Truth Commission

By: Gabriela Yareliz

In my study of human rights, few things fascinated me as much as truth commissions, also known as reconciliation commissions. They are known as commissions (and essentially tribunals) that look at and investigate wrongdoing by governments and individual actors in situations like civil wars, genocide and mass atrocities.

To be honest, often times, there is no justice or compensation that can be given to people for what they have gone through, but the commissions have still proven to be important in the international justice system. People need to be heard. They don’t just want to be heard; they need to be heard. They want to make sure their story is not forgotten. They want to make sure no one invalidates or dismisses their experience or pain.

In these truth commissions, people tell their stories. Sometimes, in heart-wrenching detail. While the truth can’t rectify the past wrong(s), it has the power to heal. These commissions have been instrumental in a healing process for people.

Scripture itself says that the “truth will set you free,” John 8:32. The prophet Zechariah (8:16) said we should “speak the truth to one another.” Truth heals. Truth brings understanding. Truth brings reconciliation; that is why the commissions are alternatively called truth and reconciliation commissions.

Today, I had my own truth commission. It came from a place seeking hope, growth and more healing. I wasn’t looking for justice; I didn’t do it with malice– I simply wanted to be heard and understood. To be honest, I was heard, but I wasn’t understood. But if there is something I have learned from history and these commissions, it’s that it takes nations more than a day to heal and reconcile. And sometimes, at the end of the day, all that matters is that you respected yourself enough and were brave enough to confront and share a painful truth. Not everyone has the courage to face truth. Truth often holds hands with pain.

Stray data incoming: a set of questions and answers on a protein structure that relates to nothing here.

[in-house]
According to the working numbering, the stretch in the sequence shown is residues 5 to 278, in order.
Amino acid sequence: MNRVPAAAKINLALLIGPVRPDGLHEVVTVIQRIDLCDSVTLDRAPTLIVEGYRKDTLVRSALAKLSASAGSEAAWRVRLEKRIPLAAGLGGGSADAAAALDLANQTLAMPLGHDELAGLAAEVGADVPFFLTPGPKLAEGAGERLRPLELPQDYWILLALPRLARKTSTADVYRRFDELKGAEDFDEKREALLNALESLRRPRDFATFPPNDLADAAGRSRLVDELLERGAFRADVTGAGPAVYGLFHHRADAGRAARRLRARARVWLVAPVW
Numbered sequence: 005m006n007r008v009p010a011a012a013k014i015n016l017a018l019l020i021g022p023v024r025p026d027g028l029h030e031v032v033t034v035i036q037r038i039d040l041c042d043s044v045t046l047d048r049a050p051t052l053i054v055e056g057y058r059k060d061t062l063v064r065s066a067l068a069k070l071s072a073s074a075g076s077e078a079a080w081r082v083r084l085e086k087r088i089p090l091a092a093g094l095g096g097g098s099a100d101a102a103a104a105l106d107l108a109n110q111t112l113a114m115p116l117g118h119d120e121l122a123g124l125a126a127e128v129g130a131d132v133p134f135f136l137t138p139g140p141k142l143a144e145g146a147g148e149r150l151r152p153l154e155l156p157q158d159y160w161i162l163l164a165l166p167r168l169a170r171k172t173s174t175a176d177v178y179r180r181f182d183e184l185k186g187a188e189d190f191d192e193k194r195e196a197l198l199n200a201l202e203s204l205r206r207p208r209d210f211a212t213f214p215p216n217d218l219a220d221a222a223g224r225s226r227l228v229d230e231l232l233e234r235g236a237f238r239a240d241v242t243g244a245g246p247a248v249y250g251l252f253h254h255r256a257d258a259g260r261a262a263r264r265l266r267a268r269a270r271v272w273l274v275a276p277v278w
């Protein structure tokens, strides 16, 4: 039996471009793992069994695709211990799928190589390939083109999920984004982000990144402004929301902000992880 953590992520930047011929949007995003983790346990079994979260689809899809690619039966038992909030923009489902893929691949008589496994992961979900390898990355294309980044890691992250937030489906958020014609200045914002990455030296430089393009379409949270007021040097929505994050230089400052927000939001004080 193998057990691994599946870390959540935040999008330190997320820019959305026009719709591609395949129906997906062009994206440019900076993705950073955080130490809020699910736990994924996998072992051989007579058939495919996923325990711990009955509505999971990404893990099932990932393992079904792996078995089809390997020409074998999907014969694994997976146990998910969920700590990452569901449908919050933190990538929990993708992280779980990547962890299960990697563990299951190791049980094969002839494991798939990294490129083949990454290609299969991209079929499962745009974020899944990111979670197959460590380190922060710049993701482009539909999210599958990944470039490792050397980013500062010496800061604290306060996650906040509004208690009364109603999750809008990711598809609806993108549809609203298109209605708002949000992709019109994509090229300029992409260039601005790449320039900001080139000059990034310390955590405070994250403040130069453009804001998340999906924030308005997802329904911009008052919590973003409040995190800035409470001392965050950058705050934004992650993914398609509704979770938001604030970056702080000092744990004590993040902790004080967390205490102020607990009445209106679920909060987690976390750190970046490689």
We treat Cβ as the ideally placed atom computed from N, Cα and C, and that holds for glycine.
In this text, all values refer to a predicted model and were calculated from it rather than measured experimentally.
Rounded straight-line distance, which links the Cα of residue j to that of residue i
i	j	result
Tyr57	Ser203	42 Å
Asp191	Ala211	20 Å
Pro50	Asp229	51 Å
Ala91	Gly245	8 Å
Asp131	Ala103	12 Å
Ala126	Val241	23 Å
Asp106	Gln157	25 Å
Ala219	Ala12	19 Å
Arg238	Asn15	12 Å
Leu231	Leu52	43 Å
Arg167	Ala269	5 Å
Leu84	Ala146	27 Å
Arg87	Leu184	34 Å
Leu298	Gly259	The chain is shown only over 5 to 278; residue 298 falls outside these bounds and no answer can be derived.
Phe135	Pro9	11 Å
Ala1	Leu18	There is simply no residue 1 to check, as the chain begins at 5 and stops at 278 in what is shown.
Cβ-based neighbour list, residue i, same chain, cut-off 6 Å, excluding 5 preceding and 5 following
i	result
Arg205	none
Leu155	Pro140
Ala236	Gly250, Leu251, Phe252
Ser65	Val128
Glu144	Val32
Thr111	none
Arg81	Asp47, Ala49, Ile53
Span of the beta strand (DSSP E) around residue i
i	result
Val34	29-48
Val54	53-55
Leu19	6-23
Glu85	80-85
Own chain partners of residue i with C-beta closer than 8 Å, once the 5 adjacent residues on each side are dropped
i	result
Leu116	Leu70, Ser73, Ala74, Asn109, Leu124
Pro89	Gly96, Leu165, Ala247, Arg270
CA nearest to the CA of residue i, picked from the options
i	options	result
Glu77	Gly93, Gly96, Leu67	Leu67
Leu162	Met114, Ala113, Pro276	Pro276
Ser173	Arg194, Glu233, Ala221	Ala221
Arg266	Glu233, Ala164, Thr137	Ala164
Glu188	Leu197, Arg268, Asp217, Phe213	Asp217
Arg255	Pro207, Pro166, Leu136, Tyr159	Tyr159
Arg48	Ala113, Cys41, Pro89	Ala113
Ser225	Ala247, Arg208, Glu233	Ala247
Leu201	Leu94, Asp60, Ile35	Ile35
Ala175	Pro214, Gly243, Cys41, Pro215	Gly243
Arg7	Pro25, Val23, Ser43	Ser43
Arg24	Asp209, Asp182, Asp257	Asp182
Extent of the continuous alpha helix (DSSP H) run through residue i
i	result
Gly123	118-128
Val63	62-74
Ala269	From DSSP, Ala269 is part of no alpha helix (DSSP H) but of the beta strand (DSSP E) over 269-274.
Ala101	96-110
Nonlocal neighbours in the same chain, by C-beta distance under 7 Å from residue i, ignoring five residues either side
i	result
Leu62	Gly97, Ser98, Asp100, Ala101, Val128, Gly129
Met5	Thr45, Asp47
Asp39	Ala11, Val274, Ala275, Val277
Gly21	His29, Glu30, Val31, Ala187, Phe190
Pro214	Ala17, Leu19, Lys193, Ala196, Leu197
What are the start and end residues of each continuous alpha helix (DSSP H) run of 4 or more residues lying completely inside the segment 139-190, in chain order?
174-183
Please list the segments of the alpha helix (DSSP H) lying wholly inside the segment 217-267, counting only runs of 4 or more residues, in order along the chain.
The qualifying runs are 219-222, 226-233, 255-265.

I spoke. And while I can’t control what effect my story has on another, I can control what effect it has on me. And like most who go to these truth commissions to tell their stories, I am ready to move on. I told my story. Don’t forget it. It happened, it’s true, and with the same strength, I am setting myself free.

Published by Gabriela Yareliz

Gabriela is a writer, editor and attorney. She loves the art of storytelling, and she is based in NYC.

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